Phoenix-based Banner Health Suffers Data Breach Affecting 3.7M

Another day another hack: This time it’s the Phoenix, Arizona-based Banner Health.

Banner Health, a non-profit healthcare organization suffered a massive data breach on 17th June 2016 in which records of 3.7 million patients and staff were stolen.

The organization noticed suspicious activities on their computers leading to two cyber attacks (between 7th may and June 23rd) from unknown hackers who stole patients and payment records including health insurance information, payment card data, doctors’ data and details about customers who used organization’s cafeteria.

AZ Central reports that the organization plans to send letters to its 3.7 million affected victims in order to inform them about the large-scale data breach. The targeted customers also include those working for Banner Health as their insurance is also covered by the organization yet the Banner Health website states payment cards used for paying medical services remained unimpacted.

Peter S. Fine, President & CEO of Banner Health Banner said in a statement that “the organization is committed to maintaining the privacy and security of information of our patients, employees, plan members and beneficiaries, customers at our food and beverage outlets, as well as our providers.”

There has been a sudden increase in healthcare-related data breaches exposing the vulnerable cyberinfrastructure in the United States.

“Any business, organization or institution that keeps social security numbers, payment data, medical data and other personal information online is a potential goldmine for the cybercriminal because they can get a massive amount of valuable information in a very short period of time. Hospitals, medical practices, schools and even governments are at particular risk due to the high likelihood of handling private data that criminals would find attractive,” said Paul Jespersen, vice president of Enterprise Business Development at Comodo, a global cybersecurity innovator. “In today’s environment, it is imperative for any organization to work with advanced cybersecurity solutions developers who work daily to stay a step ahead of the criminal by researching advanced persistent threat patterns and innovating back-end security technologies that protect endpoints and networks and keep IT environments safe.”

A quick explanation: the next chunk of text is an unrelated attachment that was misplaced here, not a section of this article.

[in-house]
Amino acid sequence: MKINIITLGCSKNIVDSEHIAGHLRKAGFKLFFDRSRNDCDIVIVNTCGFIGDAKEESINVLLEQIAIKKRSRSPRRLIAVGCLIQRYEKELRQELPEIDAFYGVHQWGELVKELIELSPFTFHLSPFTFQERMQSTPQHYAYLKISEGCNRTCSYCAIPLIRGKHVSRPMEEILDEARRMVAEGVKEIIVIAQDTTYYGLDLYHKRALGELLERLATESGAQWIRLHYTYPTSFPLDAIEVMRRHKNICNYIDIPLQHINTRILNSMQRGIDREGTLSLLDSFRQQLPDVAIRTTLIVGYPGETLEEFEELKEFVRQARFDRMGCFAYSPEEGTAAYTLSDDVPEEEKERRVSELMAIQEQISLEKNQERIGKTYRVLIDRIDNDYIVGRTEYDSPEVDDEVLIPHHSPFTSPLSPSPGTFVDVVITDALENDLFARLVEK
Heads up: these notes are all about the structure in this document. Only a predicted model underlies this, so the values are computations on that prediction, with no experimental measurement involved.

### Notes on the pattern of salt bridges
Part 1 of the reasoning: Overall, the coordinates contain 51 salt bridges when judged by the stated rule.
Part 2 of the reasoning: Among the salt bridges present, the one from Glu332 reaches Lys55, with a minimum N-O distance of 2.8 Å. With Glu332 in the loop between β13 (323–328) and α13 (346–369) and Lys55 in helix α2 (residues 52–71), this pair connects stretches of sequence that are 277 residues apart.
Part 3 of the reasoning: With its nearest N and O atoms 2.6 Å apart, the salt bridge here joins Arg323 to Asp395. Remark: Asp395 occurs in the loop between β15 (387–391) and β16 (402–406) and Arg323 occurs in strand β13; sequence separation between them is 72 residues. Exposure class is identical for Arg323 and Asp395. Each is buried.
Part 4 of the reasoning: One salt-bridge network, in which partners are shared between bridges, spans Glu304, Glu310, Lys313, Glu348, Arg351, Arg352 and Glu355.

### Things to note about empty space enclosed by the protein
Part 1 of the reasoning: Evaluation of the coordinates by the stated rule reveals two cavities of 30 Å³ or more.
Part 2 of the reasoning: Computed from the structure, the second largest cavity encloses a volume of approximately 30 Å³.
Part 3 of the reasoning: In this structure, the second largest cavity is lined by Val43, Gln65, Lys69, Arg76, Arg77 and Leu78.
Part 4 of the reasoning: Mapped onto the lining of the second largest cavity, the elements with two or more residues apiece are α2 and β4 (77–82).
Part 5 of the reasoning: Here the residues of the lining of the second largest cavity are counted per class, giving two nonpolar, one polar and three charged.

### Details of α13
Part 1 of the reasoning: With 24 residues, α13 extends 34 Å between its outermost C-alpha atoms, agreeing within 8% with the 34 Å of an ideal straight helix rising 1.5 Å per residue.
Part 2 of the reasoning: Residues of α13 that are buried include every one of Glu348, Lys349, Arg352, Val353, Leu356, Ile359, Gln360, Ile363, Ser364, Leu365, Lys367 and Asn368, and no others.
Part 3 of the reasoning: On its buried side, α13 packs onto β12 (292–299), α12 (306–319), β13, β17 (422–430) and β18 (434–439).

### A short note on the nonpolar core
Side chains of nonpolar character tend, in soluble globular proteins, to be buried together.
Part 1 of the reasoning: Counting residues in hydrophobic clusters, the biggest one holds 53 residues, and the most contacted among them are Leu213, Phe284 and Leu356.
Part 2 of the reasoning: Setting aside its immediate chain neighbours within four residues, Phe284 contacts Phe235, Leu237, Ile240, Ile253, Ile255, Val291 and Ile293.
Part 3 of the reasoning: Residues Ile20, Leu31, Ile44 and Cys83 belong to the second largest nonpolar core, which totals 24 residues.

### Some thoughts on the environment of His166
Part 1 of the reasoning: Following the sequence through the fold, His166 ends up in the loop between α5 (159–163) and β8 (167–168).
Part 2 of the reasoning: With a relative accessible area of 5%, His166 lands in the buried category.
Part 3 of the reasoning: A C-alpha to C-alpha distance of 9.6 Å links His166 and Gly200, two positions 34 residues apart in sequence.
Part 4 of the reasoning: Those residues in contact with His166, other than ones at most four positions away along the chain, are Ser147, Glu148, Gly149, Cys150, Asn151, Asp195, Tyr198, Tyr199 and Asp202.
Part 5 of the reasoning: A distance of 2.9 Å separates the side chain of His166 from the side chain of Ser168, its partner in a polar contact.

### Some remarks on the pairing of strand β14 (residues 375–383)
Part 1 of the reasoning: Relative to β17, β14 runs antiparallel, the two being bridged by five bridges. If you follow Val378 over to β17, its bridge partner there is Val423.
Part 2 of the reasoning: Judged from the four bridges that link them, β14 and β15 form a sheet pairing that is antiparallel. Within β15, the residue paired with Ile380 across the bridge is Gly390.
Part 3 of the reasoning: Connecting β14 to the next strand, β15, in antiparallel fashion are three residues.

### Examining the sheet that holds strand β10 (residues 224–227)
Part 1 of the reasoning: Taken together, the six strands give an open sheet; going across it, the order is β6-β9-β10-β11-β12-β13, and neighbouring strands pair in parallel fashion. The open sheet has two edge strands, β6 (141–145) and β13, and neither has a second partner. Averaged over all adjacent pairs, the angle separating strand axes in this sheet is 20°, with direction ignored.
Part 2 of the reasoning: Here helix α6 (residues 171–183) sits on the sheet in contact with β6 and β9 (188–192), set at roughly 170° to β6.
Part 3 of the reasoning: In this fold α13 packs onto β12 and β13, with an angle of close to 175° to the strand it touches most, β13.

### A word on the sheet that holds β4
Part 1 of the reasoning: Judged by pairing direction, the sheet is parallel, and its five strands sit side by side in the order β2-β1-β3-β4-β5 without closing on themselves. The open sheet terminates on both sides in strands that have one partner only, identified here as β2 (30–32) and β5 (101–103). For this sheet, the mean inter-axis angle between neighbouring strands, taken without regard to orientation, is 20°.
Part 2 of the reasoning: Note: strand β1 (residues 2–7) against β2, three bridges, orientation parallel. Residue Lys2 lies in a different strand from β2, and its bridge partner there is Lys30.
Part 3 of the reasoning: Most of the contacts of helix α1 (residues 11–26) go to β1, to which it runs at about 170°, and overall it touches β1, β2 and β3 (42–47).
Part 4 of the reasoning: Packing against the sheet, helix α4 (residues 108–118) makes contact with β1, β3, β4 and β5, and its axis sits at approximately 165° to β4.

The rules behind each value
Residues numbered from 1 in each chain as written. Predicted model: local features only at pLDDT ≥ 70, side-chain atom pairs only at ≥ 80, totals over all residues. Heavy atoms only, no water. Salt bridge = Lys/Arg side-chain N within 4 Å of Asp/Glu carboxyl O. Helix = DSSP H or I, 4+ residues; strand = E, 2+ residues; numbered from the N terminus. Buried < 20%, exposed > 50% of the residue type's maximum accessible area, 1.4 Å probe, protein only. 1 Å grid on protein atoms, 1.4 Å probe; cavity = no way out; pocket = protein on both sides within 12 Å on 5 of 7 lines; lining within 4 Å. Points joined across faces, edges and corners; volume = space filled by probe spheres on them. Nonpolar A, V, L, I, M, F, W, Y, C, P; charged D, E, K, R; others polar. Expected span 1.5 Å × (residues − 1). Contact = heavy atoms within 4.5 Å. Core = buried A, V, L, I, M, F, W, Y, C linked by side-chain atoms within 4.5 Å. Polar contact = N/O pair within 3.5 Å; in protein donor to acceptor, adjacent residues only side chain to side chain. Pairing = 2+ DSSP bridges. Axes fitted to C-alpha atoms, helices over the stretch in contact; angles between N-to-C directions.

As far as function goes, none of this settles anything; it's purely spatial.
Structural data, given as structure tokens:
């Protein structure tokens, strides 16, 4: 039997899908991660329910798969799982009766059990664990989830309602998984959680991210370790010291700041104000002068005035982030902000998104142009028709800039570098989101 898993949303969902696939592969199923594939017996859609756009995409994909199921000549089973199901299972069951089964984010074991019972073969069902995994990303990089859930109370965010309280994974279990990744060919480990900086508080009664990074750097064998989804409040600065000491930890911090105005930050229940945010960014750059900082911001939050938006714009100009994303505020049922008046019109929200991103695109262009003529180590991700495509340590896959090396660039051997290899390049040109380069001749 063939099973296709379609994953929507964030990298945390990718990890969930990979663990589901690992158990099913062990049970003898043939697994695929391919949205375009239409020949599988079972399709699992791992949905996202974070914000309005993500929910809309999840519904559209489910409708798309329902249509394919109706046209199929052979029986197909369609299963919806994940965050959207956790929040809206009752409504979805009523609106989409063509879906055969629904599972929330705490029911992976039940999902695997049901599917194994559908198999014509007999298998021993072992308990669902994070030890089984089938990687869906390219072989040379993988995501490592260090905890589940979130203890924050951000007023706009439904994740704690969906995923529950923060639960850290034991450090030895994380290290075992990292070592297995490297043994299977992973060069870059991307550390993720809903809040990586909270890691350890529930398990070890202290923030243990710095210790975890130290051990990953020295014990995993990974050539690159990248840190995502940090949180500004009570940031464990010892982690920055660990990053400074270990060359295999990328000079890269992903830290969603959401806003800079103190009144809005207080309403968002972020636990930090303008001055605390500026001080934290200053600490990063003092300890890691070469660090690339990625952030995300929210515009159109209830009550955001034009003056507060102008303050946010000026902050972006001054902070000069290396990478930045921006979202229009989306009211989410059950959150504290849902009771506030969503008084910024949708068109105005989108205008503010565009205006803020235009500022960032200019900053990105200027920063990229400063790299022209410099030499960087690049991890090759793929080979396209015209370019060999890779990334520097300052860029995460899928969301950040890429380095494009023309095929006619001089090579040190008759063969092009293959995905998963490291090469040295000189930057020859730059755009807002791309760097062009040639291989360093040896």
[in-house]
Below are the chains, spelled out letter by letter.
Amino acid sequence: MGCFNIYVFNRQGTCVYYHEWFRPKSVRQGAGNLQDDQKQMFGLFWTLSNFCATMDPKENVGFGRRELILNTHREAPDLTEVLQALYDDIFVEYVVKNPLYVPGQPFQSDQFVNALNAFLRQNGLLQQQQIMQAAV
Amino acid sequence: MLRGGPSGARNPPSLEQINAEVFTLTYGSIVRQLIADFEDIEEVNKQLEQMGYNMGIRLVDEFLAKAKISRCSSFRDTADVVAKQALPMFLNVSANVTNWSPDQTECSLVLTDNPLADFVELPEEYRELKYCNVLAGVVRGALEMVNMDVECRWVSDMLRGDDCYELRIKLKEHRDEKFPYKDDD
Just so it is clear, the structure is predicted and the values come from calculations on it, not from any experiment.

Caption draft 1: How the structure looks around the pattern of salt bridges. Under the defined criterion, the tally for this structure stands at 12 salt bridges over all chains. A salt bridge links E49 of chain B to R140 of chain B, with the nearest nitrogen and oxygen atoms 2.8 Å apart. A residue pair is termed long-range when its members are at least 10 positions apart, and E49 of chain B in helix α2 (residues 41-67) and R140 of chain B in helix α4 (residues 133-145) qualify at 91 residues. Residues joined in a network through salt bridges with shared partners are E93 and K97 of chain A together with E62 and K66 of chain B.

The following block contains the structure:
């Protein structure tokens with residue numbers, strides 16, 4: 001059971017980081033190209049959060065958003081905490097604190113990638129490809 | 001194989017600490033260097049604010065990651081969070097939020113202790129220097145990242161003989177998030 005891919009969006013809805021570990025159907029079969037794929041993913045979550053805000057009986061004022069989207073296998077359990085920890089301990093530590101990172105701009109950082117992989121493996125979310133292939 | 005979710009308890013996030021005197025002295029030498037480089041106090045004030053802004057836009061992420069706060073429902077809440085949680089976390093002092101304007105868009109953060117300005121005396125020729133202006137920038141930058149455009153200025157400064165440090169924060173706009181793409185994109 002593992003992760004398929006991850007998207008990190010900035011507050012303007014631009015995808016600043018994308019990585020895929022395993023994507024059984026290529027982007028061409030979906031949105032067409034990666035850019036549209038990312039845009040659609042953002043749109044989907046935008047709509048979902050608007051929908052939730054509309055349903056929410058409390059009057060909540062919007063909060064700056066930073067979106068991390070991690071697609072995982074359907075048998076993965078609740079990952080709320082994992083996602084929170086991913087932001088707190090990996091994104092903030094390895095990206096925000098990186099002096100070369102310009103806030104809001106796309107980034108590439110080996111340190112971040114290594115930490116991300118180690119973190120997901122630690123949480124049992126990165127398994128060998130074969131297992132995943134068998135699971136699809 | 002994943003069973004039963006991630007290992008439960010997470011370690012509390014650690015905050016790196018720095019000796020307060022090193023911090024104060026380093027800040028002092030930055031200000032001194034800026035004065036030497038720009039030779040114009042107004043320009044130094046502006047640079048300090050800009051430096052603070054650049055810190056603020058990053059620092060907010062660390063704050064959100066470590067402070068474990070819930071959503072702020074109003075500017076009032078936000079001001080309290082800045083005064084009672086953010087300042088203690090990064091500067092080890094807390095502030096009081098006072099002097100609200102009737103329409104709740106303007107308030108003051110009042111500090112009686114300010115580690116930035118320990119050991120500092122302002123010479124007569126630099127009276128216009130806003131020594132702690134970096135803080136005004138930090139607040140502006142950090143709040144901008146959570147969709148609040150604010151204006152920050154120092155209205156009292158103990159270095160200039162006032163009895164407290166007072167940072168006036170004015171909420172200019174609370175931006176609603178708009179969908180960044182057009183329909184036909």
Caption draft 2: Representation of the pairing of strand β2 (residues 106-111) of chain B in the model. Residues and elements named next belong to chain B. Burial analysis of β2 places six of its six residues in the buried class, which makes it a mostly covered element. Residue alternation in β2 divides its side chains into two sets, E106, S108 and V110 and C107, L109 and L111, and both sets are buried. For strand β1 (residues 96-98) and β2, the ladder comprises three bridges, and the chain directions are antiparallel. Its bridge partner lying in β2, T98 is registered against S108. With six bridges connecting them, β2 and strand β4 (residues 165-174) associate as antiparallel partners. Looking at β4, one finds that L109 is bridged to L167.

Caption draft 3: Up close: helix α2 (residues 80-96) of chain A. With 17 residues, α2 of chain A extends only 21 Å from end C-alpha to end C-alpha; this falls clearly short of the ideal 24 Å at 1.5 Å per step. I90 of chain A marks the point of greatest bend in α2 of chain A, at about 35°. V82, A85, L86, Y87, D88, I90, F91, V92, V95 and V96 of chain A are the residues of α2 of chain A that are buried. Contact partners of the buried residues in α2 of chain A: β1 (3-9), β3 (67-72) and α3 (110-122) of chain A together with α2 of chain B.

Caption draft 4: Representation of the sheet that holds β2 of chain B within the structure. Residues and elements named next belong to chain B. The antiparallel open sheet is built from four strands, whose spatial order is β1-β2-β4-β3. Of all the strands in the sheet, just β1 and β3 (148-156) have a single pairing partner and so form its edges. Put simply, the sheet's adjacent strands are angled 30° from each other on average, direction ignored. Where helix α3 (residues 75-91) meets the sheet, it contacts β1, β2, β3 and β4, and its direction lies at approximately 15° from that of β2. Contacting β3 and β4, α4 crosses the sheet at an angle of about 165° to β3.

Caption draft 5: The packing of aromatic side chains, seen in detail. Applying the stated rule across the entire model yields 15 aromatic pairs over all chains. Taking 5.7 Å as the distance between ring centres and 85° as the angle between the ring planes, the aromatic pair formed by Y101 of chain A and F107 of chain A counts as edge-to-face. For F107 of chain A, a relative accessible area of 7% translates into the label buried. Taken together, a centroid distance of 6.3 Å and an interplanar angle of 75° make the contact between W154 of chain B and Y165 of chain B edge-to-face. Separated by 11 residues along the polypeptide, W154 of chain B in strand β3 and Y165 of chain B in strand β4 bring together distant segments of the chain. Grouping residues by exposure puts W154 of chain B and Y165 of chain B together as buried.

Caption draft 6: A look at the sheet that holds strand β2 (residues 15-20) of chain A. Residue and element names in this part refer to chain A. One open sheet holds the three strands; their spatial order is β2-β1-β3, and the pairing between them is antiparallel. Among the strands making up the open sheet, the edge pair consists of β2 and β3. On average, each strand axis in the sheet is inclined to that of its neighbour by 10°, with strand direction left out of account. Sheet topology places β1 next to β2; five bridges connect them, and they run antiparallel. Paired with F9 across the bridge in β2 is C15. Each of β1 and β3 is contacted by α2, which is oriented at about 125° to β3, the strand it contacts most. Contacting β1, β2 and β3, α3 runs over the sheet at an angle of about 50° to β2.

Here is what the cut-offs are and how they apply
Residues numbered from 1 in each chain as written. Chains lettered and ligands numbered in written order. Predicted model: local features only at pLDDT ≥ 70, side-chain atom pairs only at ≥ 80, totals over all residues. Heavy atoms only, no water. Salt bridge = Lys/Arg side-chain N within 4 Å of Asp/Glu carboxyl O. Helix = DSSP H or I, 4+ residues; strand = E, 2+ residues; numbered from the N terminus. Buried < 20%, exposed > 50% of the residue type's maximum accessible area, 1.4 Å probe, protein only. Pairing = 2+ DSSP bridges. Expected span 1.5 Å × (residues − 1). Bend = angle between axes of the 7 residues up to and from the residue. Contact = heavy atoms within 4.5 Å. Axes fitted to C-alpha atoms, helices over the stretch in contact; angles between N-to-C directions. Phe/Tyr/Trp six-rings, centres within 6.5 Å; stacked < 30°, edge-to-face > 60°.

History of Healthcare insurance data breaches in the United States:

The year 2015 was devastating for the healthcare industry where hospitals and medical insurance firms suffered back to back cyber attacks starting from MIE, the Indiana-based medical software firm exposing 4 Million user data (click here for more details), Excellus BlueCross BlueShield breach exposing 10 million customers (click here for more details), CareFirst Blue Cross and Blue Shield breach impacting 1.1 million customers (click here for more details) and hacking of Hollywood healthcare facility computers where cyber criminals demanded 9000 BTC ransom (click here for more details).